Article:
By Tom, State School Teaching Programme in Suzhou, 2019-present
I moved to China about a month ago now, and despite my worries the process went very smoothly. I live and teach in Suzhou’s Southern district of Wujiang, and so far I love it.
This post will cover Suzhou as a place to live; what the city is like, what there is to do here, and how my employers and workmates have been so far.
I chose Suzhou partly because every picture online makes the city look like the most beautiful place to live, and I have not been disappointed.
On the outskirts are fantastic ancient towns from centuries ago, old buildings delicately crafted and rigorously lived in. The city is studded with parks and Buddhist temples, street food and dusty roads. Almost every street has a bridge over a river or canal. To the South of Suzhou lies the ancient town of Tongli, which is a definite must-see. Full of winding roads and bustling markets, this town has seen centuries roll by and has barely changed.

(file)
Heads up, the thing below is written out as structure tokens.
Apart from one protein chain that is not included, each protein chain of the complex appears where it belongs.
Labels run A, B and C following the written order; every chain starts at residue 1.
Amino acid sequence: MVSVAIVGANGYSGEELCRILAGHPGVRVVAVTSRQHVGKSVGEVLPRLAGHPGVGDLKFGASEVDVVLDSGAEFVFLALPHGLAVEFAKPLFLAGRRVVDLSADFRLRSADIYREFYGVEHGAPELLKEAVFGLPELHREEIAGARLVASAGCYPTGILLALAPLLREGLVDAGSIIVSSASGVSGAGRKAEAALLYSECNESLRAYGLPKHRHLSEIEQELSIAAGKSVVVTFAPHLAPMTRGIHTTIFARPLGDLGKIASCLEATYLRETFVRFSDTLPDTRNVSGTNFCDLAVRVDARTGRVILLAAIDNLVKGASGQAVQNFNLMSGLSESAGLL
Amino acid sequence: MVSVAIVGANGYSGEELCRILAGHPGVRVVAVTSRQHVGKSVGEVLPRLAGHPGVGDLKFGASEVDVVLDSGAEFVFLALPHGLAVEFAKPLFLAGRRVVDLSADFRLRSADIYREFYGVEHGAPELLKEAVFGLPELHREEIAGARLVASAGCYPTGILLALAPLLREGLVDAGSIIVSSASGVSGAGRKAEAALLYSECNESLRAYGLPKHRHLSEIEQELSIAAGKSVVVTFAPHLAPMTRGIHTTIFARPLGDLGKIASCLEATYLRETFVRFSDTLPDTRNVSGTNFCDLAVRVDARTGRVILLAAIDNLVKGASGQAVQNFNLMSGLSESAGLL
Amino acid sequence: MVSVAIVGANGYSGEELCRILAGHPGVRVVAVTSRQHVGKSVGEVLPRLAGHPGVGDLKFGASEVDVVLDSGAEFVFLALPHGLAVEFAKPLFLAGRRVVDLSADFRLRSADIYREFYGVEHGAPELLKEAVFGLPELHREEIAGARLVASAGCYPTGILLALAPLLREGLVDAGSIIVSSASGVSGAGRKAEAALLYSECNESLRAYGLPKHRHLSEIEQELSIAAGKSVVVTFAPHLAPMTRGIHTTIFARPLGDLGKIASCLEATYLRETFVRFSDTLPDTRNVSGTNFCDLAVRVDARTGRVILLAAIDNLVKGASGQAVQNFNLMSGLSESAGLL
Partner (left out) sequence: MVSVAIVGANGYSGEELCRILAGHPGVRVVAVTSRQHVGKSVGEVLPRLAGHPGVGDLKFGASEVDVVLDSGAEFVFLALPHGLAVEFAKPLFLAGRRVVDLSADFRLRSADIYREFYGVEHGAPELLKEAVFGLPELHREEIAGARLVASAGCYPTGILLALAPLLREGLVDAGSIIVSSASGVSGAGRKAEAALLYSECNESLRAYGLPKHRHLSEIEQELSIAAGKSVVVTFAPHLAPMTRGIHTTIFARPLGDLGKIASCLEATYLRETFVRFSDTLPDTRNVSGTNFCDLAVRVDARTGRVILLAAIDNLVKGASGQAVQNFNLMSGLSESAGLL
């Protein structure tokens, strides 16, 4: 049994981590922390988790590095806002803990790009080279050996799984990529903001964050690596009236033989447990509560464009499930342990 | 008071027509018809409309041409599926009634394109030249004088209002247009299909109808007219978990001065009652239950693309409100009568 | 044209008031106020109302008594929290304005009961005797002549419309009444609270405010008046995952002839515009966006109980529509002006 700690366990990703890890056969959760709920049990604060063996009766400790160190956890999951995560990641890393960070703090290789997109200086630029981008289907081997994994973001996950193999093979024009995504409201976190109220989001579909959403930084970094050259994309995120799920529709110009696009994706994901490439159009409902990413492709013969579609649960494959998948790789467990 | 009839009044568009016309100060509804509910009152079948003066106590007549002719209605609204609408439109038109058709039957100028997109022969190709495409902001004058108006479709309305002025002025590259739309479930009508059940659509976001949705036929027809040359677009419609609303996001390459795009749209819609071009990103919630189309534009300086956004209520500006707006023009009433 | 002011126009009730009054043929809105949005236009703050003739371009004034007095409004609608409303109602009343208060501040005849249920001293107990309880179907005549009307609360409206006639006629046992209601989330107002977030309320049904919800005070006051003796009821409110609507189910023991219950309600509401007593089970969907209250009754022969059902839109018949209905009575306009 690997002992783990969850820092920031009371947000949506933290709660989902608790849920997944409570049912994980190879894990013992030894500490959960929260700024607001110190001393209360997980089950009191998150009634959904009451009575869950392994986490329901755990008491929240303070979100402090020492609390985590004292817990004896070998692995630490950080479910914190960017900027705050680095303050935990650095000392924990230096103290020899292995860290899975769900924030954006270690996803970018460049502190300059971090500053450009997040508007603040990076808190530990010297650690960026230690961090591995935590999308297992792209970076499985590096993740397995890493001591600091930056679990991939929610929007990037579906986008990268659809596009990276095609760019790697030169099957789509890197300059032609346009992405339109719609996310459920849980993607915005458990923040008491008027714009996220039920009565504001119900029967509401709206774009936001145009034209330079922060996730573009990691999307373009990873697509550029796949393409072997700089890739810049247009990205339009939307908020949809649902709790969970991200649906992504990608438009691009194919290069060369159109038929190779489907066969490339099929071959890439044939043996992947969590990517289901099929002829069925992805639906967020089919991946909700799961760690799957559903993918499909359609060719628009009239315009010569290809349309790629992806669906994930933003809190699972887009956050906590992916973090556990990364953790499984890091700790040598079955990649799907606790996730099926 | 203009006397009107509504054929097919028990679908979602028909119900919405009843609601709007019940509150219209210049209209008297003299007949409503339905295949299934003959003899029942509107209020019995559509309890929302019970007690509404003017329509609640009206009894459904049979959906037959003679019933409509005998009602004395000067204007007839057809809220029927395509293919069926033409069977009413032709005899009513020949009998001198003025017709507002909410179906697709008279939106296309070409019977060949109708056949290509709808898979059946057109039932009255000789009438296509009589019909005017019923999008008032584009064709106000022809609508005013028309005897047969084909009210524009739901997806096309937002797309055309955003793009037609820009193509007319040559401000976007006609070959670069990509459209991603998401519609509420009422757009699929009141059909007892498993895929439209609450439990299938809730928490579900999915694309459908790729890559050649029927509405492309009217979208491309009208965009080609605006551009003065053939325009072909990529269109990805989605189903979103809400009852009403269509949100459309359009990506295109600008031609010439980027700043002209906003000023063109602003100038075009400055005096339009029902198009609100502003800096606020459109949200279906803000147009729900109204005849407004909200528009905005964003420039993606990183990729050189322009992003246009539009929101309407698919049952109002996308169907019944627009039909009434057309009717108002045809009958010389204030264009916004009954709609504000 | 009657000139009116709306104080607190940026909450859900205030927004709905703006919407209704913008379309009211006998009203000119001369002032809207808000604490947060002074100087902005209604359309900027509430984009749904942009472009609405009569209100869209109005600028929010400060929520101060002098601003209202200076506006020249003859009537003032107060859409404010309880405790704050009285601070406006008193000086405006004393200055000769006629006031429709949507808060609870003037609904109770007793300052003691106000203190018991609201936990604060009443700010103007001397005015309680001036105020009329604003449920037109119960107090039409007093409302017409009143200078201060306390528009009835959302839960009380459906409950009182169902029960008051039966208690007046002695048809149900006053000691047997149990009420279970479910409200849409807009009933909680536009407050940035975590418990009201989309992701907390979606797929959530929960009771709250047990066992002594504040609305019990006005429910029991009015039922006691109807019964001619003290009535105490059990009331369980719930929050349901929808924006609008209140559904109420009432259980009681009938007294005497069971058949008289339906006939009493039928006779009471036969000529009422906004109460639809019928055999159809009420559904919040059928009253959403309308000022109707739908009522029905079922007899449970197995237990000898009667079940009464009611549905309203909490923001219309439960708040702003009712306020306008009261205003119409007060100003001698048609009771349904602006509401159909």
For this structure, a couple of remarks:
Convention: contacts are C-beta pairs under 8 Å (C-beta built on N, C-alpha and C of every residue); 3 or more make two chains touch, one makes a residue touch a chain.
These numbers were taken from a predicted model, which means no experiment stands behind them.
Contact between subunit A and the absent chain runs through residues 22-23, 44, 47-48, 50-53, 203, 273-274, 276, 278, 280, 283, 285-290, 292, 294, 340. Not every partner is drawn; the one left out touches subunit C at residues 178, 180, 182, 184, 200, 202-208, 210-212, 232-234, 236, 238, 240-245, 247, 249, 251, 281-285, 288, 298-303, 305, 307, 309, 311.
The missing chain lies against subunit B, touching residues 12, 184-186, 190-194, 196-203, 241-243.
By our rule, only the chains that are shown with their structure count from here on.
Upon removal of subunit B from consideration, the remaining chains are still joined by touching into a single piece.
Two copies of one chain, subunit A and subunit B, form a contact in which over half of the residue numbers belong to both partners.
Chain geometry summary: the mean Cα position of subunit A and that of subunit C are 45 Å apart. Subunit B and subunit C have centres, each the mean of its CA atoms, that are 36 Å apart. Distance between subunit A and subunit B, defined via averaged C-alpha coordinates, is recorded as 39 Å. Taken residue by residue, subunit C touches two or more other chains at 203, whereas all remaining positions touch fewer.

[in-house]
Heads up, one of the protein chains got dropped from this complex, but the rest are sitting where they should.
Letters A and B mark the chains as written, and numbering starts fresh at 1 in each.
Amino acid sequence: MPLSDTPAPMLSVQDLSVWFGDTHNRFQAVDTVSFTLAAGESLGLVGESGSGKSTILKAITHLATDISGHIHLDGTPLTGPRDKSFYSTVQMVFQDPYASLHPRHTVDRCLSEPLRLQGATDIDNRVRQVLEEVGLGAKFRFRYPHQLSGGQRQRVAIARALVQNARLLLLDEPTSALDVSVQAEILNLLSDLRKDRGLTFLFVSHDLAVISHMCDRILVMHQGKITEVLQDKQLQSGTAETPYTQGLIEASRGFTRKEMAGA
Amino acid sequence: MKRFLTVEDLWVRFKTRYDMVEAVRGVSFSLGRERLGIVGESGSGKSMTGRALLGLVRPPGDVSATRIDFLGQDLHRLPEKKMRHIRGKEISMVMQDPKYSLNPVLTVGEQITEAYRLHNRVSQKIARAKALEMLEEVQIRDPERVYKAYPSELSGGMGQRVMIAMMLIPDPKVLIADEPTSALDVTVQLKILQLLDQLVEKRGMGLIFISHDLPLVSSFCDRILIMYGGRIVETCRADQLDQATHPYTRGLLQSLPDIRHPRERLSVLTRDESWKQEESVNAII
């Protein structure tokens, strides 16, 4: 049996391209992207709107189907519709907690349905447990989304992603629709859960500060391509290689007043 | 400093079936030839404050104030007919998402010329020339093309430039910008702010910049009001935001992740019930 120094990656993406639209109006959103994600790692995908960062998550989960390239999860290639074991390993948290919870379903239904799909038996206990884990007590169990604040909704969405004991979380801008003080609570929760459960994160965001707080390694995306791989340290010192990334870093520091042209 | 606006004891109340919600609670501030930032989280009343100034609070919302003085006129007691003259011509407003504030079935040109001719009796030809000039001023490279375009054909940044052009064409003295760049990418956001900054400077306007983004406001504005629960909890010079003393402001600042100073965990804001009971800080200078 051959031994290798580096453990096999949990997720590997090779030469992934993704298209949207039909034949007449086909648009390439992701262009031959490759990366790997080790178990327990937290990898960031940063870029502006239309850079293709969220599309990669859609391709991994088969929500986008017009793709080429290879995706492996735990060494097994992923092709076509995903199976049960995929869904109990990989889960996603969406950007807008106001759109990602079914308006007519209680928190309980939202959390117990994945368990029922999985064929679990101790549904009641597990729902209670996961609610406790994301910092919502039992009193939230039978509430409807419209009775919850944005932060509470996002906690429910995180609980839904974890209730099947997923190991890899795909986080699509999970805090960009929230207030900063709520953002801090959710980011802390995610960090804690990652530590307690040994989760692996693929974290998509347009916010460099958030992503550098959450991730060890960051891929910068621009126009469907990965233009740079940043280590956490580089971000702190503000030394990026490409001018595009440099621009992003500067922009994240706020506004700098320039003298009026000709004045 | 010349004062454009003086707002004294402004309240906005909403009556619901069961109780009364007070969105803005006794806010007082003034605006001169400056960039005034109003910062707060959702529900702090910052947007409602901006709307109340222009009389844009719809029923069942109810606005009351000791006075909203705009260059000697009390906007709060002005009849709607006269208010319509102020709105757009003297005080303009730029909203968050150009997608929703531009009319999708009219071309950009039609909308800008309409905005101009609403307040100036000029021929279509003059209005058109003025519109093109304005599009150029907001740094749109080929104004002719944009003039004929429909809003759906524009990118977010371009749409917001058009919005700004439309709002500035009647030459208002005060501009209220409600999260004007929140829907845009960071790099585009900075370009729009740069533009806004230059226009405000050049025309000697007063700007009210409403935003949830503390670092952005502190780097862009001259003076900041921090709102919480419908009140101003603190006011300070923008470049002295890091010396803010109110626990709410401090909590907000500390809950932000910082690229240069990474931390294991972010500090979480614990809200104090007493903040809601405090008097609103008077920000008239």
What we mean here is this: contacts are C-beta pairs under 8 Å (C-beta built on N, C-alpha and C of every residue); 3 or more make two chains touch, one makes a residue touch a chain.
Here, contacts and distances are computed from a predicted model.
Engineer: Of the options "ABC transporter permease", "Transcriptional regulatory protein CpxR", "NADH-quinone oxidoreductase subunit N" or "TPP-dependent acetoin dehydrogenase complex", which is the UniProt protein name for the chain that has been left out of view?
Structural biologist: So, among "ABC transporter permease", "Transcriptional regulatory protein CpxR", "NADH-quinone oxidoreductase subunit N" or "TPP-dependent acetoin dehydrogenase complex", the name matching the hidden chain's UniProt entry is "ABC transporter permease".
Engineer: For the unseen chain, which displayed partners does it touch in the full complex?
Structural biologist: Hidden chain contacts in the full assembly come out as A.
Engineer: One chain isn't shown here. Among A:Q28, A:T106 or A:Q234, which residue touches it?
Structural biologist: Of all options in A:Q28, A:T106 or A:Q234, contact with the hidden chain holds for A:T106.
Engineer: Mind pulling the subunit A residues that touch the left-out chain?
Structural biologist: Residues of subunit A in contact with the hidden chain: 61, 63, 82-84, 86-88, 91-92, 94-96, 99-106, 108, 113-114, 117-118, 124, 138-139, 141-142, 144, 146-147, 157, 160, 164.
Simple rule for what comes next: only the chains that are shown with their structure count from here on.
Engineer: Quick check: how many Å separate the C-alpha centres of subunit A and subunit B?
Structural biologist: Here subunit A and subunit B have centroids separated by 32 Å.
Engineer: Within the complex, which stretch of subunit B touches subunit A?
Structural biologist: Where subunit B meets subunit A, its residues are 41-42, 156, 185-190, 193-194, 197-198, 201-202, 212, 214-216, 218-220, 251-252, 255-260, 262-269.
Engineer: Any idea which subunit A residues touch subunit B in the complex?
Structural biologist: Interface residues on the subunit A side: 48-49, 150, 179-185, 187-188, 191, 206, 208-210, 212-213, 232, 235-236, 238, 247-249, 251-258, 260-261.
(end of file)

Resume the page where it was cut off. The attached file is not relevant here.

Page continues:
In Suzhou city centre there are brand new shopping malls, western chain coffee shops, and places you can get Western comforts and food you’ll recognise. At night the city skyline lights up in neon colours and reflects off the lake to create an awe inspiring display. The clubs in Suzhou are crazy, with DJs and live music. Suzhou city is huge, and I don’t think I’ll ever run out of things to do – even if it’s just staring at the skyline. It’s a city of art, culture, history, business, excitement. There really is something for everyone here.
I love this city, and I’m so glad this is the place I chose to live.
People in Suzhou